The headline above is from
Gant's column on the UK box office, matching a more common downbeat view on the film's fortunes and prospects (its still on wide release), noting:
Star Trek Beyond may have suffered from director JJ Abrams’ exit into rival franchise Star Wars (he remains as producer). Or fans might have been more excited by Benedict Cumberbatch as the main villain last time around, with Beyond baddie Idris Elba less proven at the box office. And Paramount may have struggled to persuade broader audiences to see a third Star Trek film.
Critics and audiences have been highly positive, but the film has failed to crossover to a wide US or UK audience (RT)

BoxOfficeMojo provide a comparison of all 13 movies in the franchise; the current release needs a major boost from China and elsewhere to ensure the franchise will continue to ... live long and prosper

The various box office columns (global, US, UK) in the Guardian make for great reading and will teach you a lot about how the industry works, and provide very specific examples that might help you in exam and/or coursework efforts. Variety and many others also provide in-depth, highly informed analysis and commentary - you can keep an eye on these by adding RSS feeds to your own blogs.

This example is from the LA Times, which you'd expect to be highly versed in industry practice as Hollywood is in its turf. The fragment I picked out below comments on:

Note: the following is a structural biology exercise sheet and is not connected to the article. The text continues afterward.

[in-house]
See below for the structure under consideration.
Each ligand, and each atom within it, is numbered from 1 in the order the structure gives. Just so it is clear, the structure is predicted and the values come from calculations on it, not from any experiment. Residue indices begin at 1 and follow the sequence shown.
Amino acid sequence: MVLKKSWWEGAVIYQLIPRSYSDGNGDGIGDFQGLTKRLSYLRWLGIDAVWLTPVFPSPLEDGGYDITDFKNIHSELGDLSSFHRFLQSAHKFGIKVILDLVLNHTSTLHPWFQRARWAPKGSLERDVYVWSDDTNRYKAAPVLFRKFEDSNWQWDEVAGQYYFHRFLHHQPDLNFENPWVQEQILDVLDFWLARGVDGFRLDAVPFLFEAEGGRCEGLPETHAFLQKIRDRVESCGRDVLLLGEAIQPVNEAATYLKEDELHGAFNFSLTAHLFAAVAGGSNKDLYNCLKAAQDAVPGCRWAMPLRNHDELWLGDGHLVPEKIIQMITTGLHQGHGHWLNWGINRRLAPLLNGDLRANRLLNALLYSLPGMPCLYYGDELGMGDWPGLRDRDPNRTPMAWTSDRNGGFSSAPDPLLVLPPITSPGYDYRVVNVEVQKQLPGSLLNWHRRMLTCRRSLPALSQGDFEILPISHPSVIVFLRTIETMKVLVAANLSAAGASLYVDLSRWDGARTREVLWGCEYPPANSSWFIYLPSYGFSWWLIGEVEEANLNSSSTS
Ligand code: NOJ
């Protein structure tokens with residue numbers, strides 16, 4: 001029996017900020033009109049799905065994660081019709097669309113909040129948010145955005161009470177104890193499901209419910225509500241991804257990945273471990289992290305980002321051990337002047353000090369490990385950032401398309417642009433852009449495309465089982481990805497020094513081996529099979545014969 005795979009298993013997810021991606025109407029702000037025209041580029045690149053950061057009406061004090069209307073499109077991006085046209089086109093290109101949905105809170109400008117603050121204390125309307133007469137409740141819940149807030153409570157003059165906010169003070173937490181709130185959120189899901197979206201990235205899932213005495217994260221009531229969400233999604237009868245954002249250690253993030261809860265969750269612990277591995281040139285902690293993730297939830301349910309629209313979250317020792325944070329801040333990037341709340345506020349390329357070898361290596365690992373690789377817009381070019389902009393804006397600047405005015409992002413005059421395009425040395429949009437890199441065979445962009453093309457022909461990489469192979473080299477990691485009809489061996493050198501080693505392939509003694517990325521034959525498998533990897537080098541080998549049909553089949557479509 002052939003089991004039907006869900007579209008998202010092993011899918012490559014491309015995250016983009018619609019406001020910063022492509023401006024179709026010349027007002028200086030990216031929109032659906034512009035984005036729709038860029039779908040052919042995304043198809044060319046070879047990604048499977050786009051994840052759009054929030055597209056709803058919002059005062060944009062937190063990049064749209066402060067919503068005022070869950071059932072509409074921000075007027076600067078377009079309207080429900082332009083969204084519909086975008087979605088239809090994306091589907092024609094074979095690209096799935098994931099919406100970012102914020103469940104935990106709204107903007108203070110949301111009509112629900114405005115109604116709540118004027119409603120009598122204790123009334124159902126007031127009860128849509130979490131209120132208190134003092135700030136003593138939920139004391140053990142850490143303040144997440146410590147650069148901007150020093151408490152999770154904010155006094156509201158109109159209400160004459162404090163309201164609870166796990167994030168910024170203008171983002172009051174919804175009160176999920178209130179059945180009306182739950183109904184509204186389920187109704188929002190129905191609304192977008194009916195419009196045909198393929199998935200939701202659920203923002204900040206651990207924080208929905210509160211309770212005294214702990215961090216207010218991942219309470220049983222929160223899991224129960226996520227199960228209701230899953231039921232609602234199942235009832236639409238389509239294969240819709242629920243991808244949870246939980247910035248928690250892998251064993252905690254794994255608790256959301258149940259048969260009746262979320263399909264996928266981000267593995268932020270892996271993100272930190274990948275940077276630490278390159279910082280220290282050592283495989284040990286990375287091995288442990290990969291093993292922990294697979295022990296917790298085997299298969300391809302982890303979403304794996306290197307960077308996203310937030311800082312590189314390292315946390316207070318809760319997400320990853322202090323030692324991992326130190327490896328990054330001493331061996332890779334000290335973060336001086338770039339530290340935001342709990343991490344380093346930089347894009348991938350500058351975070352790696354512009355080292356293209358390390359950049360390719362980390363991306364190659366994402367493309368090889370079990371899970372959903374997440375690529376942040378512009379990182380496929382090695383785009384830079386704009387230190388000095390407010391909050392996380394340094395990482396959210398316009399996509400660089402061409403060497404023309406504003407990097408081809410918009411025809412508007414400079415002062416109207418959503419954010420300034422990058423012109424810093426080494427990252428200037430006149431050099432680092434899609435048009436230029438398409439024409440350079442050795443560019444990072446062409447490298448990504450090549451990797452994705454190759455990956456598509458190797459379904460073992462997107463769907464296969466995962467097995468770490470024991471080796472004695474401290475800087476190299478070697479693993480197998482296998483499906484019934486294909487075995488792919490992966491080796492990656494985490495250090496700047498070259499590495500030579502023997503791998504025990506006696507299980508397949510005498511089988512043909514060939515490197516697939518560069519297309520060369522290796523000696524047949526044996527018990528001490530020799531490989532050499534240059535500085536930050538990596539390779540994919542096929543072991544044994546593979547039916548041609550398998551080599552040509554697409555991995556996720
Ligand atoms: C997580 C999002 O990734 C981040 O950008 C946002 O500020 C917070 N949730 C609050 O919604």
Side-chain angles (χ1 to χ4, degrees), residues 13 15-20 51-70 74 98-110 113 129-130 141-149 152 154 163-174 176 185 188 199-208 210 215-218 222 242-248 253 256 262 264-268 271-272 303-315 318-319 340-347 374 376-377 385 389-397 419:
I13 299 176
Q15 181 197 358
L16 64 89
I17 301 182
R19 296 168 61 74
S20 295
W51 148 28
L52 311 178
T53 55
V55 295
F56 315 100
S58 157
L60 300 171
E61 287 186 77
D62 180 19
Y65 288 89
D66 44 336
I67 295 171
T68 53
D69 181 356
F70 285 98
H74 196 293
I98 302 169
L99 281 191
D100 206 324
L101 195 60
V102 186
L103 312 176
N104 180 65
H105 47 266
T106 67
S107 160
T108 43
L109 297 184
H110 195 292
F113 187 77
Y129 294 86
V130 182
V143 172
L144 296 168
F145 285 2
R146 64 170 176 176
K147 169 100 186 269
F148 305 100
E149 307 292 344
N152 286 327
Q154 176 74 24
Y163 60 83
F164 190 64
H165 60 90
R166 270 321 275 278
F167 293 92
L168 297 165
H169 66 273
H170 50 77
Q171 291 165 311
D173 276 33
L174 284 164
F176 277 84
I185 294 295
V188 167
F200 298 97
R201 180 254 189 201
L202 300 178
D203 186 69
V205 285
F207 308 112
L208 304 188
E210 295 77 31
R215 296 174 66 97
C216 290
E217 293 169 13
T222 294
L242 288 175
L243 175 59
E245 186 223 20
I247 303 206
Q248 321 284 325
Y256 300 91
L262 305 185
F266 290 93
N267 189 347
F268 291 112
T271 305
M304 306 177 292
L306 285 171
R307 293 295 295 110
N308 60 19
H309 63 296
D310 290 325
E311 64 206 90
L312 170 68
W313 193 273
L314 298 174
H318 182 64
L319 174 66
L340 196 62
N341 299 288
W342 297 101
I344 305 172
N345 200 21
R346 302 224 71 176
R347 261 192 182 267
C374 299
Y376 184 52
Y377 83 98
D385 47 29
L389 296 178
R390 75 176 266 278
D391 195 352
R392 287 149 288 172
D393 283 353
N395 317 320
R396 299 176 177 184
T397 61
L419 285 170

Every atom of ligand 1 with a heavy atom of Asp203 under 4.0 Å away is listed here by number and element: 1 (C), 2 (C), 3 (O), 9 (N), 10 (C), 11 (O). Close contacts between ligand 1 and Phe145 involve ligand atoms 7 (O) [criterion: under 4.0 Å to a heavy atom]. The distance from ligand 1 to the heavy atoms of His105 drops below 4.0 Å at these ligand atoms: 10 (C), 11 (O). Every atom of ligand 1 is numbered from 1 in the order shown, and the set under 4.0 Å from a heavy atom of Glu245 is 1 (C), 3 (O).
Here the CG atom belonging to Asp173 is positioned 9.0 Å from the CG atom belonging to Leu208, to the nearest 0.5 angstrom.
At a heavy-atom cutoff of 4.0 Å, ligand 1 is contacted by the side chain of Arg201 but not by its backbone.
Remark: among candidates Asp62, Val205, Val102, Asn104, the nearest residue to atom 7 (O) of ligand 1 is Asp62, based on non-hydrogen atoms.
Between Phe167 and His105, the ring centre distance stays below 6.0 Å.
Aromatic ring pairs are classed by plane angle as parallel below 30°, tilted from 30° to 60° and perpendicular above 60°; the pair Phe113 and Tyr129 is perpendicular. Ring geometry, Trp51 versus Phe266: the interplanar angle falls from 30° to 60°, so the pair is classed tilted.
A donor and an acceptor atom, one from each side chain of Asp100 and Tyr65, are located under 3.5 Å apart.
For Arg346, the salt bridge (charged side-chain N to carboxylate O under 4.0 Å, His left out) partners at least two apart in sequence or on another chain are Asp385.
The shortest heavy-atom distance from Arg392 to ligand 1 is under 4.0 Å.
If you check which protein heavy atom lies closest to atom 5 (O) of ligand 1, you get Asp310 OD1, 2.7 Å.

Thursday, 21 July 2016

Filmmaker talks STRESS and TEAMWORK

The question is not whether filmmaking is stressful. It’s how you’re going to deal with the stress when it inevitably comes your way. Stress is a physiological survival mechanism. It’s our body’s way of telling us to run away from dinosaurs and hide in a cave. But it’s also philosophical ⎯ it’s something we can overcome. Some of the most productive, well-respected filmmakers in the world deal with stress on a daily basis. And they’ve learned how to put it in its place.
“I feel stress a pretty good amount of the time,” Jonathan Bregel, director at Variable, told us. “It comes with the territory. Since filmmaking involves so many relationships and dynamics, it’s just inevitable. The trick is to be aware of it and know how to manage it.”
If I didn’t have this team, I’m certain I’d either be living in a cabin in the woods, or I’d be a completely jaded 27-year-old filmmaker.
See the musicbed blog post for more. They add in this:

Learning to manage stress is such an important skill in a creative life. It can make or break you. We love Jon’s solution: to surround himself with a diverse group of friends and collaborators, people who can share the creative weight, ground him in his life and purpose, and give him the confidence to not only overcome his stress but to push himself to new creative heights.